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Playing Music By Professional Musicians Activates Genes For Learning and Memory

March 27, 2015 | by University of Helsinki | Comments

Playing music by professional musicians activates genes responsible for brain function and singing of songbirds.

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3-D Human Skin Maps Aid Study of Relationships Between Molecules, Microbes and Environment

March 31, 2015 4:39 pm | by University of Calif, San Diego | Comments

Researchers at the University of California, San Diego Skaggs School of Pharmacy and Pharmaceutical Sciences used information collected from hundreds of skin swabs to produce three-dimensional maps of molecular and microbial variations across the body. 

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Clues into Cognitive Dysfunction in Chronic Fatigue Syndrome

March 31, 2015 4:33 pm | by Columbia University | Comments

Scientists at Columbia University's Mailman School of Public Health have identified a unique pattern of immune molecules in the cerebrospinal fluid of people with myalgic encephalomyelitis/chronic fatigue syndrome (ME/CFS) that provides insights into the basis for cognitive dysfunction.

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Intelligent Neuroprostheses Mimic Natural Motor Control

March 31, 2015 4:22 pm | by Cognitive Neuroscience Society | Comments

Neuroscientists are taking inspiration from natural motor control to design new prosthetic devices that can better replace limb function. In new work, researchers have tested a range of brain-controlled devices - from wheelchairs to robots to advanced limbs - that work with their users to intelligently perform tasks.

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Researchers Build Brain-Machine Interface to Control Prosthetic Hand

March 31, 2015 4:13 pm | by University of Houston | Comments

A research team from the University of Houston has created an algorithm that allowed a man to grasp a bottle and other objects with a prosthetic hand, powered only by his thoughts.

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Premature Aging of Stem Cell Telomeres Linked to Emphysema

March 31, 2015 4:03 pm | by Johns Hopkins | Comments

Lung diseases like emphysema and pulmonary fibrosis are common among people with malfunctioning telomeres, the "caps" or ends of chromosomes. Now, researchers from Johns Hopkins say they have discovered what goes wrong and why.

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Medieval Remedy Found to be Highly Effective Against MRSA

March 31, 2015 3:52 pm | by Stephanie Guzowski, Editor | Comments

British researchers recently found that a thousand-year-old Anglo-Saxon treatment for eye infections works as an antibiotic against MRSA. MRSA kills more than 5,000 people each year in the U.S. Read more...

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An Apple a Day May Not Keep the Doctor Away: Study

March 31, 2015 10:45 am | by Lindsey Tanner, AP Medical Writer | Comments

An apple a day doesn't necessarily keep the doctor away. That's according to proverb-busting research that found daily apple eaters had just as many doctor visits as those who ate fewer or no apples.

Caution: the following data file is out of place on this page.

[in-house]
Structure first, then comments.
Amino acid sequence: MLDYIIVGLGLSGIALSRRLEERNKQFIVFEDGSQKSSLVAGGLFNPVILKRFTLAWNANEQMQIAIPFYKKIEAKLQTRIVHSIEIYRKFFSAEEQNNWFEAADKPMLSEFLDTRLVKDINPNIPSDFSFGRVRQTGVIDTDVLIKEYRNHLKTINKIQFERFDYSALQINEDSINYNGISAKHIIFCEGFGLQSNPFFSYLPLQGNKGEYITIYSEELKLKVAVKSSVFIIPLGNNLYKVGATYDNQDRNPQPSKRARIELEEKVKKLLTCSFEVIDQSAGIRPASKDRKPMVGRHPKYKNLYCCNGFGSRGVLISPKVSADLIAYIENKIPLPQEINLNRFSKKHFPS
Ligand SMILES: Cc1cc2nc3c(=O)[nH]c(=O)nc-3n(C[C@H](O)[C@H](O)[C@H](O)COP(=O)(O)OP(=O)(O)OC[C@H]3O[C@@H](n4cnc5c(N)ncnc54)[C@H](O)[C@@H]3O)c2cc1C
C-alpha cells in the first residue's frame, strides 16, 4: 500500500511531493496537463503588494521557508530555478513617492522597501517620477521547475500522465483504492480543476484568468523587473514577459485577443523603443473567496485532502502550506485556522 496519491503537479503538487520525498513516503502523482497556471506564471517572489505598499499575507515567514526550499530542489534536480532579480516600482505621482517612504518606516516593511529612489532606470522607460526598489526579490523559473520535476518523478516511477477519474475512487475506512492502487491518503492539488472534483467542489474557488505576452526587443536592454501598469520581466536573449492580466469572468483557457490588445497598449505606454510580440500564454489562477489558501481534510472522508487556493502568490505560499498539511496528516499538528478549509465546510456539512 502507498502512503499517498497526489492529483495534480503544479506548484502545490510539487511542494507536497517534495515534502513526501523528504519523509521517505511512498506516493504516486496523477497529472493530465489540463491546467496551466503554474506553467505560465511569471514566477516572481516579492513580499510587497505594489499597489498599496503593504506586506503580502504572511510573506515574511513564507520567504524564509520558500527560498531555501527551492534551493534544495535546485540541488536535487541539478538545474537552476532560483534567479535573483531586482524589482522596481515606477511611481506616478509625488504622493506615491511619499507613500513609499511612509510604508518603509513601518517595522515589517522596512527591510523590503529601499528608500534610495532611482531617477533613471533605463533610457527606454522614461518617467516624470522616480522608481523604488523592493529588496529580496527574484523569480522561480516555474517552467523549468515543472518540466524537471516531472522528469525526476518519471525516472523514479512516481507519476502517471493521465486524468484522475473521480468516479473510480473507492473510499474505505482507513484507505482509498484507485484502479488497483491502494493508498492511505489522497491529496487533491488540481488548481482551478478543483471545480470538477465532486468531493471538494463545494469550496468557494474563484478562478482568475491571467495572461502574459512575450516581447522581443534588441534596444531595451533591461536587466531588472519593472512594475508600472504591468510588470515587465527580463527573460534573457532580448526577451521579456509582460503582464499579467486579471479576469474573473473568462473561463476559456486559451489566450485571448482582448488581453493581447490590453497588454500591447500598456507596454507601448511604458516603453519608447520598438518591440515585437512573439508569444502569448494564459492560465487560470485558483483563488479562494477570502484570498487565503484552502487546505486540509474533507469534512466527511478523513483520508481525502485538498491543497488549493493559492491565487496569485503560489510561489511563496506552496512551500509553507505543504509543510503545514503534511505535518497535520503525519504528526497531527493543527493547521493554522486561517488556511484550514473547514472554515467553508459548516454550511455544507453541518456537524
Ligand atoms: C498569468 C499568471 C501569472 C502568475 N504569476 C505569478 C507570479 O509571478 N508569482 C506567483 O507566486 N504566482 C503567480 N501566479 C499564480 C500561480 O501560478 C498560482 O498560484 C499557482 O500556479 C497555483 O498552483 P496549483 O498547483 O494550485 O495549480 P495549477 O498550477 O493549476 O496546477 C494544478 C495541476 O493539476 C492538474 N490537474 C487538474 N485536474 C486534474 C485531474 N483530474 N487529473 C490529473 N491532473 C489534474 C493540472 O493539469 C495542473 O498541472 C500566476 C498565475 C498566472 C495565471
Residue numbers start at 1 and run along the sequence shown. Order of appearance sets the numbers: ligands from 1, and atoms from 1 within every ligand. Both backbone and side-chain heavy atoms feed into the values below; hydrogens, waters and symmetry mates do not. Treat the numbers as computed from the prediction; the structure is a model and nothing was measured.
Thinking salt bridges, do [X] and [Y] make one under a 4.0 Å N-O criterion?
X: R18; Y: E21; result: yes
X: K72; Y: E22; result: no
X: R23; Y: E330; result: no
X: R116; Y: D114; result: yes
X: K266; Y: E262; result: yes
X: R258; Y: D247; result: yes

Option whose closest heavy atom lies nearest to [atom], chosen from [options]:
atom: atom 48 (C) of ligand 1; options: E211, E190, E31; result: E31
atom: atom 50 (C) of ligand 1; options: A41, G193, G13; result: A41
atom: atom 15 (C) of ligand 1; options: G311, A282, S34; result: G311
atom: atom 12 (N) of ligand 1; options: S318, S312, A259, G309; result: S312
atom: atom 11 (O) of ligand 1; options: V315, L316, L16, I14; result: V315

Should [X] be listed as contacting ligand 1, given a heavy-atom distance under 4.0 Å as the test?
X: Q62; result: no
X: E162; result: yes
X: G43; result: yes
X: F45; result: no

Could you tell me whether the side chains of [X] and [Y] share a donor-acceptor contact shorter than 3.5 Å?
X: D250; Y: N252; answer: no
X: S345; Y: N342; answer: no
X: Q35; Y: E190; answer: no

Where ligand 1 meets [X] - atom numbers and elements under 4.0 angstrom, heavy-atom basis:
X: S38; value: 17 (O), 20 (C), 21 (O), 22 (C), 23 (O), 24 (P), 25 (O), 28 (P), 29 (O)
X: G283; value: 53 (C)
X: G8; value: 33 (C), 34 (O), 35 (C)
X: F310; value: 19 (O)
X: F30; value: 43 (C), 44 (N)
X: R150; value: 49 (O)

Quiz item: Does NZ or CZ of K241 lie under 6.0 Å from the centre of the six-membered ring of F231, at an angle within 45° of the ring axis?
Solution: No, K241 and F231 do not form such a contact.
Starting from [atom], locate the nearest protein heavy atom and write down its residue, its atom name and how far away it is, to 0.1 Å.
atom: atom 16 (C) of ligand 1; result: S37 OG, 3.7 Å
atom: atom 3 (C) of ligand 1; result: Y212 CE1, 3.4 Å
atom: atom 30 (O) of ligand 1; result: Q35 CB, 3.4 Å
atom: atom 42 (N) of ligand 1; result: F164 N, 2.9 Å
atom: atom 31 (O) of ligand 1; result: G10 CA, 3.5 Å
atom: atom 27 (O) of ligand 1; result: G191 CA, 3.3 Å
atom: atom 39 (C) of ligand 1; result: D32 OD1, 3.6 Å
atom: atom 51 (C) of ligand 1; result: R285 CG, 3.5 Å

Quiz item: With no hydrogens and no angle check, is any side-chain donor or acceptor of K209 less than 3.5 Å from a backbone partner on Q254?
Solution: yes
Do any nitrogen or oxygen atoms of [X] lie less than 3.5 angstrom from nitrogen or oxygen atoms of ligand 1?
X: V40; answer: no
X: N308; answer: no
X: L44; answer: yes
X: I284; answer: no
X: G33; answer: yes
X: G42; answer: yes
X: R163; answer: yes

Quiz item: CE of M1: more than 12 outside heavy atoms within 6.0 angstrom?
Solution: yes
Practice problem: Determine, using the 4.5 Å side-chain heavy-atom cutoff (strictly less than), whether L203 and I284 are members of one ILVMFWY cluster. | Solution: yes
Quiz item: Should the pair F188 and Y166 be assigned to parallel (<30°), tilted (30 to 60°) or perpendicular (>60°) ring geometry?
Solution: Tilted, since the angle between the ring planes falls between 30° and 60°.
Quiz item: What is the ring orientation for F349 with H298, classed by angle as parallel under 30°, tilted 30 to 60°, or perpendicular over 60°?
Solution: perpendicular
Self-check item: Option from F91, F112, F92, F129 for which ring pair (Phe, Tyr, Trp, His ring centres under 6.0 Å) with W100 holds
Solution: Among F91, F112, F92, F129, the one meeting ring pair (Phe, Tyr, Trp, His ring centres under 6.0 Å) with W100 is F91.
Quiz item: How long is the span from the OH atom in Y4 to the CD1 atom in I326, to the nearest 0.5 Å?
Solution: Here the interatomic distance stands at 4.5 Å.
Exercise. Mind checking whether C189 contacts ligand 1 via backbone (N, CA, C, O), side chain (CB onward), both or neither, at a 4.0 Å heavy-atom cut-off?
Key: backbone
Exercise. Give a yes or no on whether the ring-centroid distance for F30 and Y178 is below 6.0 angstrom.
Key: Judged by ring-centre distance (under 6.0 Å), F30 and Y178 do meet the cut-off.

How Immune Cells Facilitate the Spread of Breast Cancer

March 30, 2015 5:10 pm | Comments

The body's immune system fights disease, infections and even cancer, acting like foot soldiers to protect against invaders and dissenters. 

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Fasting, Less-Toxic Cancer Drug May Work as Well as Chemotherapy

March 30, 2015 5:05 pm | by USC | Comments

Fasting in combination with chemotherapy has already been shown to kill cancer cells, but a pair of new studies in mice suggests that a less-toxic class of drugs combined with fasting may kill breast, colorectal and lung cancer cells equally well.

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Blood-Based Biomarkers could Enable Accurate TB tests for Diagnosis

March 30, 2015 4:57 pm | Comments

Researchers have identified blood-based biomarkers in patients with active tuberculosis (ATB) that could lead to new blood-based diagnostics and tools for monitoring treatment response and cure.

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MRI based on Sugar Molecule Can Tell Cancerous from Noncancerous Cells

March 30, 2015 4:51 pm | by Johns Hopkins University | Comments

Imaging tests like mammograms or CT scans can detect tumors, but figuring out whether a growth is or isn’t cancer usually requires a biopsy to study cells directly.

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Colleges Getting Out of Health Insurance Business

March 30, 2015 4:45 pm | by Donna Gordon Blankinship, Associated Prss | Comments

​The federal health care overhaul is leading some colleges and universities to get out of the health insurance business.

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Body’s Good Fat Tissue Communicates With Brain Through Sensory Nerves

March 27, 2015 3:50 pm | by Georgia State University | Comments

Brown fat tissue, the body’s “good fat,” communicates with the brain through sensory nerves, possibly sharing information that is important for fighting human obesity, such as how much fat we have and how much fat we’ve lost.

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HIV Can Lodge Quickly in Brain After Infection

March 27, 2015 3:15 pm | by Bill Hathaway, Yale University | Comments

HIV can establish itself in the brain as soon as four months after initial infection.

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The Brain in the Supermarket

March 27, 2015 3:11 pm | by Peter Dizikes, MIT | Comments

Researchers suggest that your brain is making a simpler calculation when you shop.

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